It is this tension that makes the signature ‘debate’ of Viking studies – ‘raiders or traders?’ – so wearisome and irritating. For what could a Viking army camped on the Trent have had that the local people might have been tempted to buy? The treasures looted from local churches perhaps? The livestock driven from their fields? The grain they had stored against the winter? Their friends? Their families? An account of a Viking army campaigning in France (also during the later ninth century) recorded that they struck camp on an island in the Loire: there they ‘held crowds of prisoners in chains’, and launched mounted raids to devastate the surrounding countryside. The Anglo-Saxon Chronicle makes it plain that Viking camps in Britain disgorged similar raiding parties (it was just such a raid that fell foul of Ealdorman Æthelwulf and the Berkshire fyrd in 870). Such raids would have been necessary to provision a large force over winter; but the potential for profiteering from the cruelties inflicted on the locals was ever present. Imagine the misery of a people forced to trade their winter food supplies for their beaten and abused husbands, wives and children, think of them watching blankly as some barbarian measured out the lives of their kin in grain – scales stacked with corn, blood for barley, pigs for people: desperate efforts, in Asser’s words, to ‘redeem those captured from a hateful captivity’.20

Nor was it only human lives that were bartered in this way.


Ealdorman Ælfred and his wife wander through the camp, their cloaks splattered with mud as they stumble on the uneven ground, tripping on tent pegs, skirting the camp-fires. The air thrums with hammers on iron, axes in wood. Away in the distance a wooden pen holds prisoners, shackled and beaten, staring vacantly towards a place that no one else can see. Ælfred and Werburg try not to look at them, terrified of meeting a familiar gaze. As they walk, their own vulnerability radiates from them, turning every foreign word to an insult, distant laughter to cruel jeers. Suddenly, they find the way blocked by a pair of big men, rising suddenly from the low table where they had been seated, pushing dome-shaped pieces of whalebone across a wooden board. They seem to Werburg to leer with undisguised intent, their thoughts as plain as if they had dropped their trousers. Ælfred stammers and waves his hands and eventually they are pointed towards a nearby tent.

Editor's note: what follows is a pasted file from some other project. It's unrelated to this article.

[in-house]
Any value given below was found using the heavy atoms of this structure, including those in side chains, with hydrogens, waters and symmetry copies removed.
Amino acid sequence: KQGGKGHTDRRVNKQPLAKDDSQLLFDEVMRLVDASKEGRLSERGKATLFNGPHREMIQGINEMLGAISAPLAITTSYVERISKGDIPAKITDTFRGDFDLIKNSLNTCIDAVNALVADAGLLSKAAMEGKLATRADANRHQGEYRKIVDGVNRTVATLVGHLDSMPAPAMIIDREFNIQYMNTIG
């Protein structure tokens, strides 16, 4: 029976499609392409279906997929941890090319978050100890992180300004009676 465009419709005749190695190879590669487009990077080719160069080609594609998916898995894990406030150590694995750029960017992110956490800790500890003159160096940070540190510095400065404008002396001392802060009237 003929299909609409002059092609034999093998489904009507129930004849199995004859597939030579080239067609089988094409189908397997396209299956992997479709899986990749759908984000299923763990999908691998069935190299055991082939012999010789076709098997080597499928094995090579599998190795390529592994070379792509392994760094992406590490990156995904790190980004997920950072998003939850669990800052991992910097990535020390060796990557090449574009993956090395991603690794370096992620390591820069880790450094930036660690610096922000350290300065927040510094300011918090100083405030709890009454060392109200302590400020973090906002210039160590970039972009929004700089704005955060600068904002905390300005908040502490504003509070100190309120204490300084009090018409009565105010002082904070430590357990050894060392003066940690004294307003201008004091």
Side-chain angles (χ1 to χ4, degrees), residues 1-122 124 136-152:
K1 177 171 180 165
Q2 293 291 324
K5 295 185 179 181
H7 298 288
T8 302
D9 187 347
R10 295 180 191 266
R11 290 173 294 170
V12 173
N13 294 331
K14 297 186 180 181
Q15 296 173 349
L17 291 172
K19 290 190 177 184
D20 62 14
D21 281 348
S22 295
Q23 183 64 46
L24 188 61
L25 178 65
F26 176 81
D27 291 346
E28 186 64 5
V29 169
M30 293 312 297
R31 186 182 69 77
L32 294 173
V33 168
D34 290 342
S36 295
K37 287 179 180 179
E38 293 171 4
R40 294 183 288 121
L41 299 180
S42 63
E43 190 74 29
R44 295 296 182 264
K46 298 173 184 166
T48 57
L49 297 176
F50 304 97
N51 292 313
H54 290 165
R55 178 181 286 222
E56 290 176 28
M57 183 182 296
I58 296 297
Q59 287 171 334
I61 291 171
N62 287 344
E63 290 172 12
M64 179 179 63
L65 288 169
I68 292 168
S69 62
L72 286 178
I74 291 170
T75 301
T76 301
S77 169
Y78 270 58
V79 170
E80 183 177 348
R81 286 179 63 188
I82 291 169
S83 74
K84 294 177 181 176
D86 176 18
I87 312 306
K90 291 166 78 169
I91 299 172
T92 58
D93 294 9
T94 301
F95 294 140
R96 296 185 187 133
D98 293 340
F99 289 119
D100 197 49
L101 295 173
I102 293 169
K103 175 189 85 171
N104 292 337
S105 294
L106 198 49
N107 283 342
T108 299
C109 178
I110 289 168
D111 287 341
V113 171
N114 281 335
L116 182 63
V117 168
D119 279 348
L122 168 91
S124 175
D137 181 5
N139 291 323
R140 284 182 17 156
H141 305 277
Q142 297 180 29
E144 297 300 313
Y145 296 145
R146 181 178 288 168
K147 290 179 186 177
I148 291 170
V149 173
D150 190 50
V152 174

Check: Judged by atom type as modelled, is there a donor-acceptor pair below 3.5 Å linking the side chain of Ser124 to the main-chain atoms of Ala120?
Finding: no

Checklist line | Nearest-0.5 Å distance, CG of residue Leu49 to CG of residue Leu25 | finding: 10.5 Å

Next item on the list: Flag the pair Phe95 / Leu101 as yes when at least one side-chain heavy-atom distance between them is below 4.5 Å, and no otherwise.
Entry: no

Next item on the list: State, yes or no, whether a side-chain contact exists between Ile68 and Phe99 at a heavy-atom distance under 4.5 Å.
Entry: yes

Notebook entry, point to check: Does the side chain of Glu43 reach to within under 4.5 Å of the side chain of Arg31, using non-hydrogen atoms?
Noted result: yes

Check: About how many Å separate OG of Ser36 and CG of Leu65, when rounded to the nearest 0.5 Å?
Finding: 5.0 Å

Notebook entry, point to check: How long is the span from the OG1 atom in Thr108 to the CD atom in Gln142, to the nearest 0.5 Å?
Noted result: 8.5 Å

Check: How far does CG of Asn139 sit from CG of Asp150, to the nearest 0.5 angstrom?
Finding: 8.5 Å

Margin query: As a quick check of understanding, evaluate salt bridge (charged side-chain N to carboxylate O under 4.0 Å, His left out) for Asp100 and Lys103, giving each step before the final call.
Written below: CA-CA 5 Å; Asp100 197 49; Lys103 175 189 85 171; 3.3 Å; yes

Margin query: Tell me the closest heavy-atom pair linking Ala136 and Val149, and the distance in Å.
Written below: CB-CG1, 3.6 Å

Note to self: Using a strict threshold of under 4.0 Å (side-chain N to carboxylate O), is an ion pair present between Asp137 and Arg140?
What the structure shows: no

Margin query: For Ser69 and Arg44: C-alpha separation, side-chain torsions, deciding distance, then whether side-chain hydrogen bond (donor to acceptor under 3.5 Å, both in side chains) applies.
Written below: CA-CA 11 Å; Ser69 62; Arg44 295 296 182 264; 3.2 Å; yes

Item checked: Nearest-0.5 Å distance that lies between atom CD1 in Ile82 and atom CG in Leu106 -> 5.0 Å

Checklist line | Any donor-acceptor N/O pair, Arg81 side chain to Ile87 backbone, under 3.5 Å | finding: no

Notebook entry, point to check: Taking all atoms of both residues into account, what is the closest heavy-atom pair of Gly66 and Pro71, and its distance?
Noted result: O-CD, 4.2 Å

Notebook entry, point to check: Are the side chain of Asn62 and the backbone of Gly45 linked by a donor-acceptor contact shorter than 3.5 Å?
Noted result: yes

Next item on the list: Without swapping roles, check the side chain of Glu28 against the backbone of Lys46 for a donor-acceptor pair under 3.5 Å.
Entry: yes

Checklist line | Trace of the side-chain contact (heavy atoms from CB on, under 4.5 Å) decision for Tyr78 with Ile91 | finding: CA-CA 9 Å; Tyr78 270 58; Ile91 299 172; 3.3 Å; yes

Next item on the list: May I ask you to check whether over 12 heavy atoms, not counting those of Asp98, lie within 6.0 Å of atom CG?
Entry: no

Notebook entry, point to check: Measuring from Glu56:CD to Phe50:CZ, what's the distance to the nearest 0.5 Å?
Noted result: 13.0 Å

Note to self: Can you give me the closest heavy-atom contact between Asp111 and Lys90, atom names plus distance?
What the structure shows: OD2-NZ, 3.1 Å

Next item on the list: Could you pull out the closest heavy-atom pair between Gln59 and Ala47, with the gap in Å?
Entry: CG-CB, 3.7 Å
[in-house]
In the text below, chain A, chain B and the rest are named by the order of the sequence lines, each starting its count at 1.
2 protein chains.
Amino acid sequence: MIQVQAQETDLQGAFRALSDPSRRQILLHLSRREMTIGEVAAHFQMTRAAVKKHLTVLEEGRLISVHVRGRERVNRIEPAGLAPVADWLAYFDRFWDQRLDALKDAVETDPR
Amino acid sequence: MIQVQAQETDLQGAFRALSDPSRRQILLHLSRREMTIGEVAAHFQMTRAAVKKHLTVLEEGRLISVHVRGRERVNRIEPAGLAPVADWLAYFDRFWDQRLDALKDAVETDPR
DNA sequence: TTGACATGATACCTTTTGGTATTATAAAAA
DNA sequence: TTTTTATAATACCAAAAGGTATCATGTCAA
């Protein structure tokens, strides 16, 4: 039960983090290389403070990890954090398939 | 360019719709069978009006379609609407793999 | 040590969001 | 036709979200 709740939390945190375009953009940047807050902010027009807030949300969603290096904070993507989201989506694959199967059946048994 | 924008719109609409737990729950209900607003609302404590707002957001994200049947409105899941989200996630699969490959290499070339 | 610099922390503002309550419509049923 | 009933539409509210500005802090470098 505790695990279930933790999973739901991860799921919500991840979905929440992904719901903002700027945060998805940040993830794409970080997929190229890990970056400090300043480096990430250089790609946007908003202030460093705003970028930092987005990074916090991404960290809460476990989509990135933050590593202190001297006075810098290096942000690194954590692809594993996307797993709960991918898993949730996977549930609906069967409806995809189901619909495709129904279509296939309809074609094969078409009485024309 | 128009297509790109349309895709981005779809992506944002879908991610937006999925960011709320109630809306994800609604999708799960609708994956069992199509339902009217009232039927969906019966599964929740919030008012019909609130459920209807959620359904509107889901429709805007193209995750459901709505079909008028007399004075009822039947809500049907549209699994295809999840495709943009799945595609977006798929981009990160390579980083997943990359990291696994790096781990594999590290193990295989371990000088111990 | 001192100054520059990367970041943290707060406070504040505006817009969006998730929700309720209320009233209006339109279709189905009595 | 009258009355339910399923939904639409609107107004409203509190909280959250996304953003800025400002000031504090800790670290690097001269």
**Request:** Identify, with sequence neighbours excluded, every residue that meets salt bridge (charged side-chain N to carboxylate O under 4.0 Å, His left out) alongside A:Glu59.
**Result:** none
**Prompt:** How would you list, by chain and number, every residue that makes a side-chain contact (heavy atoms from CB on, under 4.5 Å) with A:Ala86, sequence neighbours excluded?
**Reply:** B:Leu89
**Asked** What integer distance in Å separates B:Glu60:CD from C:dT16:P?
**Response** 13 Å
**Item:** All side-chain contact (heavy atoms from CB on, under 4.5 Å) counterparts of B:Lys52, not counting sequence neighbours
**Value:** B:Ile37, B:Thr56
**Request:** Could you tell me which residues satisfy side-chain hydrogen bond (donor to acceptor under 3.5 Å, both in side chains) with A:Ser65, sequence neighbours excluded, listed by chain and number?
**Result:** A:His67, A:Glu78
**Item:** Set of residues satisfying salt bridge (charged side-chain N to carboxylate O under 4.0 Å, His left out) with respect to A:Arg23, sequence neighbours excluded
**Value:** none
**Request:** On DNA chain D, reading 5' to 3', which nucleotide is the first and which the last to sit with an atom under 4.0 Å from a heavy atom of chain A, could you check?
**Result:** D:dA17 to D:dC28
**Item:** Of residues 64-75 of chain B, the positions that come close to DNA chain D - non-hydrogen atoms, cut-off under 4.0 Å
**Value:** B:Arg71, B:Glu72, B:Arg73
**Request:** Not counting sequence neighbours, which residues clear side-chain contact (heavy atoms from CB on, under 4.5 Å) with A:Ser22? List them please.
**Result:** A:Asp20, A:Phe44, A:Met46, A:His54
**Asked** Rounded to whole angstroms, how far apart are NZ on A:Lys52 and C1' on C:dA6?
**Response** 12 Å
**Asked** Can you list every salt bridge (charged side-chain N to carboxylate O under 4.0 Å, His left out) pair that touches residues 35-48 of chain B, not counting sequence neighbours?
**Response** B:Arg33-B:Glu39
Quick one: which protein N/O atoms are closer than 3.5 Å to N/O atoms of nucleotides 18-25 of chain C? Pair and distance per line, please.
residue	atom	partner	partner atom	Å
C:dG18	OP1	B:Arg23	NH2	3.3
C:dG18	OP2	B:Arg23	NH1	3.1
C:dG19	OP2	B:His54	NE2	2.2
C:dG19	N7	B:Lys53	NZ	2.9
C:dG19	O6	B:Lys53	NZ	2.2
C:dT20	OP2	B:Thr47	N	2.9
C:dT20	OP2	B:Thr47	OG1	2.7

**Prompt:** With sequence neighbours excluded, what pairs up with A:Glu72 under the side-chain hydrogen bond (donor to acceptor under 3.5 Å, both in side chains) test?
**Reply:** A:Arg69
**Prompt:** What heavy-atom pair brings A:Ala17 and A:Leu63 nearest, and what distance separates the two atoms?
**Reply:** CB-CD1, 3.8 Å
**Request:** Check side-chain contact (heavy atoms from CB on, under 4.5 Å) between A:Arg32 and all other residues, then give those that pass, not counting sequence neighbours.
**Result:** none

Inside, a fat man sits behind a table strewn with silver coins and bullion. Ælfred speaks a little, haltingly, stuttering the words, and a smirking translator – a Northumbrian from his accent – repeats them in Old Norse. A pudgy hand reaches out, to grab the bag of coins that Ælfred offers, spilling them swiftly on to the table. They are gold – coins made long ago, fashioned by the bishops and the old kings of Kent. Surprised, the Viking takes one up and bites down upon it, bends it in his teeth. In the Viking’s grimace Ælfred spots the dark grooves that score the man’s teeth, blue bands of self-inflicted mutilation; he shudders.21 The Viking draws a knife and picks up more coins, the point picking and scratching at their surfaces with deft movements born of long practice, like a man gouging the stones from cherries.22 He grunts, and shovels them on to the pan of a set of scales that hang suspended from a post beside the table. Slowly he places little barrel-shaped weights on to the other side. After a while he looks up, says a few words in Norse. ‘Not enough,’ the translator sneers.

The tension in the tent rises. The Viking narrows his eyes, looks hard at Werburg and hauls himself upright, reaching out towards her breast. She starts away, Ælfred’s hand moving instinctively to his sword hilt. The sound of a weapon unsheathing near the tent door freezes them both, and the hand that had paused in mid-air continues its progress towards the ealdorman’s wife, closing around the circular silver brooch she wears on her chest, ripping it suddenly from the fabric. He turns it over in his hands, a silver disc, chased with images of running deer and hounds, the detail limned in black. He tosses it on to the table and the knife comes down, point into the wood and the handle hammered down hard. The brooch splits in one movement, the silver sheared through like hard cheese. The Viking adds half of the brooch to another set of scales, adding weights until he grunts in satisfaction. He bends over to root around in a pile of objects on the floor, retrieving a pile of manuscript pages, tied up in string. Rising red-faced, he tosses them to Ælfred who catches them clumsily, and the couple turn to leave. ‘Wait,’ comes the voice of the translator. ‘Doesn’t the lady want her brooch back?’